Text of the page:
We have three characters (niece, me, my partner), a problem (niece is tired, we can’t leave yet), an ending (I was able to keep her occupied), and a point (the power of storytelling). It’s also dead.

Now compare that to how I actually told you the story in the teddy-on-fire post:

Under a sunburn-sky in Waterperry Gardens, I discovered two things: the endurance-limit of a three-year-old and how to explain the art of storytelling.  Every tent around us brimmed with sculpture, illustrations, weaving, carvings… but my niece had visited Granny’s Calligraphy stand and had eaten an icecream, and was now done for the day.

“We’re going home very soon,” I assured her, “But Will’s going to go look at the wood carving – I know it’s too hot in there,” I added hastily, as her lips began to wobble, “So we’re going to sit here, and have some water and a story.” We sat on the dry grass in a tent’s sliver of shade. “Do you want a story, or a poem, or a story from inside our heads?”
“Inside our heads!” she cried.
“Okay… first we need a character.”
“A teddy!”
“Super. A teddy. So, now we need a problem.”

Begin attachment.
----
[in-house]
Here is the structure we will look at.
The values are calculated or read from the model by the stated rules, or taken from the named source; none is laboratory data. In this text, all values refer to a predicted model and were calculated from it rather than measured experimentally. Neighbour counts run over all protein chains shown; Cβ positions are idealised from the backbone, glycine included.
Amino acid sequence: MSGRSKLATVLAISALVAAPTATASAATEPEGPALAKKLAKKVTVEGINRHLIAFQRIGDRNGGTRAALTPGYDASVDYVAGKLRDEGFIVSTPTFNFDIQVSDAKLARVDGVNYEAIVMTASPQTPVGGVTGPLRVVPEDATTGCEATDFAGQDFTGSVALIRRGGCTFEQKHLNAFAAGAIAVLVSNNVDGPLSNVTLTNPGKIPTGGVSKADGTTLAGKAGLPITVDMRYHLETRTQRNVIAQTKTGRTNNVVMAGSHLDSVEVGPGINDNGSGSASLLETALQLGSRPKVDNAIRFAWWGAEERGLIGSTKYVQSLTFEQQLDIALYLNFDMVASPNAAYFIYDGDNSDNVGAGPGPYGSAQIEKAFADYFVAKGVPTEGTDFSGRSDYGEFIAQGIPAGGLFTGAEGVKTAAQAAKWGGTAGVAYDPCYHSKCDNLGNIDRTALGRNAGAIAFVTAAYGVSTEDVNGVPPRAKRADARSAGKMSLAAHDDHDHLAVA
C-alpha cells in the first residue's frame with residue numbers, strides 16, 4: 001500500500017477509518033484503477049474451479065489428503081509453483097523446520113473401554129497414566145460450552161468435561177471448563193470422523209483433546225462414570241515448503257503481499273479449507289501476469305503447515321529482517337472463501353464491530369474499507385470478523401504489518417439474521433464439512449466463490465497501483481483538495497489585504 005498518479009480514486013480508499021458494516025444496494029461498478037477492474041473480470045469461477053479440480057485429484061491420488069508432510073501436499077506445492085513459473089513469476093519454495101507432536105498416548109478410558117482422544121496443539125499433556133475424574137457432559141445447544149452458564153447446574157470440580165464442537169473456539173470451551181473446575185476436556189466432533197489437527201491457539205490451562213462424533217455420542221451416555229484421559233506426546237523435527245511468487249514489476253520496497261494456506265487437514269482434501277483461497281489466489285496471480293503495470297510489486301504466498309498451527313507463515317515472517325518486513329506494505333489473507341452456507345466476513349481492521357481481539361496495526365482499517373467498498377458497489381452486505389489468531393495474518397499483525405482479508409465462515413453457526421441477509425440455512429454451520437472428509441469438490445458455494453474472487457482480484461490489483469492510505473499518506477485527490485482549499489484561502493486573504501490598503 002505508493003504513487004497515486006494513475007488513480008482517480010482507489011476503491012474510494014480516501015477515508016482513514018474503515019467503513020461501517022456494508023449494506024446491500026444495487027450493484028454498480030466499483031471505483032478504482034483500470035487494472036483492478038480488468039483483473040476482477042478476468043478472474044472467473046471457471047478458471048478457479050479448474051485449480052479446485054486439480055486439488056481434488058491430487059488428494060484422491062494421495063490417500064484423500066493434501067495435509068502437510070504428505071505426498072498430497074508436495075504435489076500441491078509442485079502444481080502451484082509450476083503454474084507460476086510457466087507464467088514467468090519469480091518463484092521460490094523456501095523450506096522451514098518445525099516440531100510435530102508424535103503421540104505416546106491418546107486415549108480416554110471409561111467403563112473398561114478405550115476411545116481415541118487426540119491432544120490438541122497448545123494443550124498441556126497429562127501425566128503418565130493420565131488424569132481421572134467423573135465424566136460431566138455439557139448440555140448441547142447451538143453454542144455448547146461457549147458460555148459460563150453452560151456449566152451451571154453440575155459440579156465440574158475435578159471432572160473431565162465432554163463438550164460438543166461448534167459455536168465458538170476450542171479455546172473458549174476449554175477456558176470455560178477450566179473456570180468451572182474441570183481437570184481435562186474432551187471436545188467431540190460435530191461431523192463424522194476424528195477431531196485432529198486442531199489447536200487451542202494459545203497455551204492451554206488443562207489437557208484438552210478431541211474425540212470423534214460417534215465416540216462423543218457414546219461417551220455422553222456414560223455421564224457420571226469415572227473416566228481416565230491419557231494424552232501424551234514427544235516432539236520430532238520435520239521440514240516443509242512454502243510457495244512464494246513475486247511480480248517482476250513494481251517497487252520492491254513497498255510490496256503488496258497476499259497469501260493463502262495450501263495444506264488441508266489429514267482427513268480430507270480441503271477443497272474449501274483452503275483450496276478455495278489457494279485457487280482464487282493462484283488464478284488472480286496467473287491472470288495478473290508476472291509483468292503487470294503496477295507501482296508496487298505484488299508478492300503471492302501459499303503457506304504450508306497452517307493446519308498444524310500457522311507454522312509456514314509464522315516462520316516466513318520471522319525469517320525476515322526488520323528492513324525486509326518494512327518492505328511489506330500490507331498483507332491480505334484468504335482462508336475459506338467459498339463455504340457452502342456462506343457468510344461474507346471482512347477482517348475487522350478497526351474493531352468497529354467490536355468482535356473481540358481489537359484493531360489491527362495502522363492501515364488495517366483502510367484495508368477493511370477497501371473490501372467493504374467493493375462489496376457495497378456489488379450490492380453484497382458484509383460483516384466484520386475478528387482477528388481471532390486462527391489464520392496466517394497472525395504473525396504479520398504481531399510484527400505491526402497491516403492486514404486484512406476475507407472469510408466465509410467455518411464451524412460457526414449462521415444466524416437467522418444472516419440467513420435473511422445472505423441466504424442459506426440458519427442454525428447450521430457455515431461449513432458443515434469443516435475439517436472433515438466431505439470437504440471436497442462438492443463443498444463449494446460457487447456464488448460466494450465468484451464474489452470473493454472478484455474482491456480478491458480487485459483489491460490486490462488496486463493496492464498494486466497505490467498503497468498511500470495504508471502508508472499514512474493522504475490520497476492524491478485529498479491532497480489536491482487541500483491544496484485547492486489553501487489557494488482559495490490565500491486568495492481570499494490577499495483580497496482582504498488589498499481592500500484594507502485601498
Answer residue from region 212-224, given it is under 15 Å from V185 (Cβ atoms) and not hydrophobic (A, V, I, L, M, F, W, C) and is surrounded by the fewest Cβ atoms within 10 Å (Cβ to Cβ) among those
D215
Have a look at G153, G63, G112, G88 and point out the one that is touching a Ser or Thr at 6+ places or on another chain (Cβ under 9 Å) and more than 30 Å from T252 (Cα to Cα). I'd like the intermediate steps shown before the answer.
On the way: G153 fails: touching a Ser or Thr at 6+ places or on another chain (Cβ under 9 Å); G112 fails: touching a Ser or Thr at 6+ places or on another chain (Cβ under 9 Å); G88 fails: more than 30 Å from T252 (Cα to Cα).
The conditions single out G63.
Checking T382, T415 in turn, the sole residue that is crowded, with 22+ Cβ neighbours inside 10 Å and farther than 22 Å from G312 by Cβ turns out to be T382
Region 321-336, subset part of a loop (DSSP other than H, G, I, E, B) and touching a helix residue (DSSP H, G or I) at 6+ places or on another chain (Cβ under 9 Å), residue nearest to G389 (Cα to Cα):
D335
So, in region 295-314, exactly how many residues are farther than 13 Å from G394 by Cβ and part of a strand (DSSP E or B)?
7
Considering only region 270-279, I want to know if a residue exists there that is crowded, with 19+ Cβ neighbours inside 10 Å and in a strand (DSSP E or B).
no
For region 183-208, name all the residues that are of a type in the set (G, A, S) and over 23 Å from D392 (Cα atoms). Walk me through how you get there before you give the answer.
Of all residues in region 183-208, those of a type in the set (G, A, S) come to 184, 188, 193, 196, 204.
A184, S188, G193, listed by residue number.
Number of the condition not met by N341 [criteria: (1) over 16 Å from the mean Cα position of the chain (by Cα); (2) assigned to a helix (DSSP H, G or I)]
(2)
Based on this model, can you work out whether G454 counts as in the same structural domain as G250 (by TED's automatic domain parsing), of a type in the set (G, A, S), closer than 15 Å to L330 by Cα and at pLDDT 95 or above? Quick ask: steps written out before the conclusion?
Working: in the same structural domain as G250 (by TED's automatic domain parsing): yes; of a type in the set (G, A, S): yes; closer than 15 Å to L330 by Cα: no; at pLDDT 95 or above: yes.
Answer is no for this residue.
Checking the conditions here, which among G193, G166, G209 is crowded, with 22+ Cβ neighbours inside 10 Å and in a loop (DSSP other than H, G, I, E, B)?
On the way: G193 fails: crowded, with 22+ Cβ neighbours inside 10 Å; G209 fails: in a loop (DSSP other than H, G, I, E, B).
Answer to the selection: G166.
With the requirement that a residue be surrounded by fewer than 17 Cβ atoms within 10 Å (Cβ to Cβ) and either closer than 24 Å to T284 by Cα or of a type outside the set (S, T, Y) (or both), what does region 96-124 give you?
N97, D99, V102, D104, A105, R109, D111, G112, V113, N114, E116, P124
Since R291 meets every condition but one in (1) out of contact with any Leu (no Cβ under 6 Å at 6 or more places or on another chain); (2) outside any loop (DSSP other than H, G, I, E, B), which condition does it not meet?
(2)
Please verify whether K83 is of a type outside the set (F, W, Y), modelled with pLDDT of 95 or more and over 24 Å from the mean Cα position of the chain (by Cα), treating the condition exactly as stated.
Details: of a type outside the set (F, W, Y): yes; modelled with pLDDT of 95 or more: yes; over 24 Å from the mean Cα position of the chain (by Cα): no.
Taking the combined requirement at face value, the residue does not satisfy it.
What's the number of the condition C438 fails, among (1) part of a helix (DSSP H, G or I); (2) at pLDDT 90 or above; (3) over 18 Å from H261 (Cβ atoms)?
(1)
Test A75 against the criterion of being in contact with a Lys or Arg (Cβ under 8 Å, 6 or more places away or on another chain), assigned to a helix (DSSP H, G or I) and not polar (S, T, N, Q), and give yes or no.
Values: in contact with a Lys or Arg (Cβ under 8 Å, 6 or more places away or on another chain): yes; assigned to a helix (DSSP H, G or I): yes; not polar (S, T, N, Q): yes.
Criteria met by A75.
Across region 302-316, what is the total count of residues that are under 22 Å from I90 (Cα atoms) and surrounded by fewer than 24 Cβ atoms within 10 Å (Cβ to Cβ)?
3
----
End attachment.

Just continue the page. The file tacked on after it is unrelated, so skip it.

“Teddy’s on fire!”

By the time we reached the ending…, Will had returned from the woodcarving tent and joined us, and we weren’t allowed to leave until the story finished.

Let’s play spot-the-difference:

  • at a popular art event under a sunburn-sky in Waterperry Gardens… Every tent around us brimmed with sculpture, illustrations, weaving, carvings…
  • my niece was tired a three year old… my niece had visited Granny’s Calligraphy stand and had eaten an icecream, and was now done for the day… her lips began to wobble
  • some stands the woodcarving
  • We found somewhere to rest We sat on the dry grass in a tent’s sliver of shade.
  • narrative cocreation (dialogue showing us creating a story together)
  • able to keep her occupied for the necessary time By the time we reached the ending…, Will had returned from the woodcarving tent and joined us, and we weren’t allowed to leave until the story finished.

Before you read on, what do you think the biggest differences are? Jot down a few ideas of your own, then scroll past the picture.

sparkle_meadowvetchlingThe live version is more detailed: it’s sensory instead of abstract; it’s specific instead of generalised. (In this case, it’s also longer, to fit more detail in, but that doesn’t have always have to be the case, as this example shows.) Stories come alive when they’re sensory and specifc.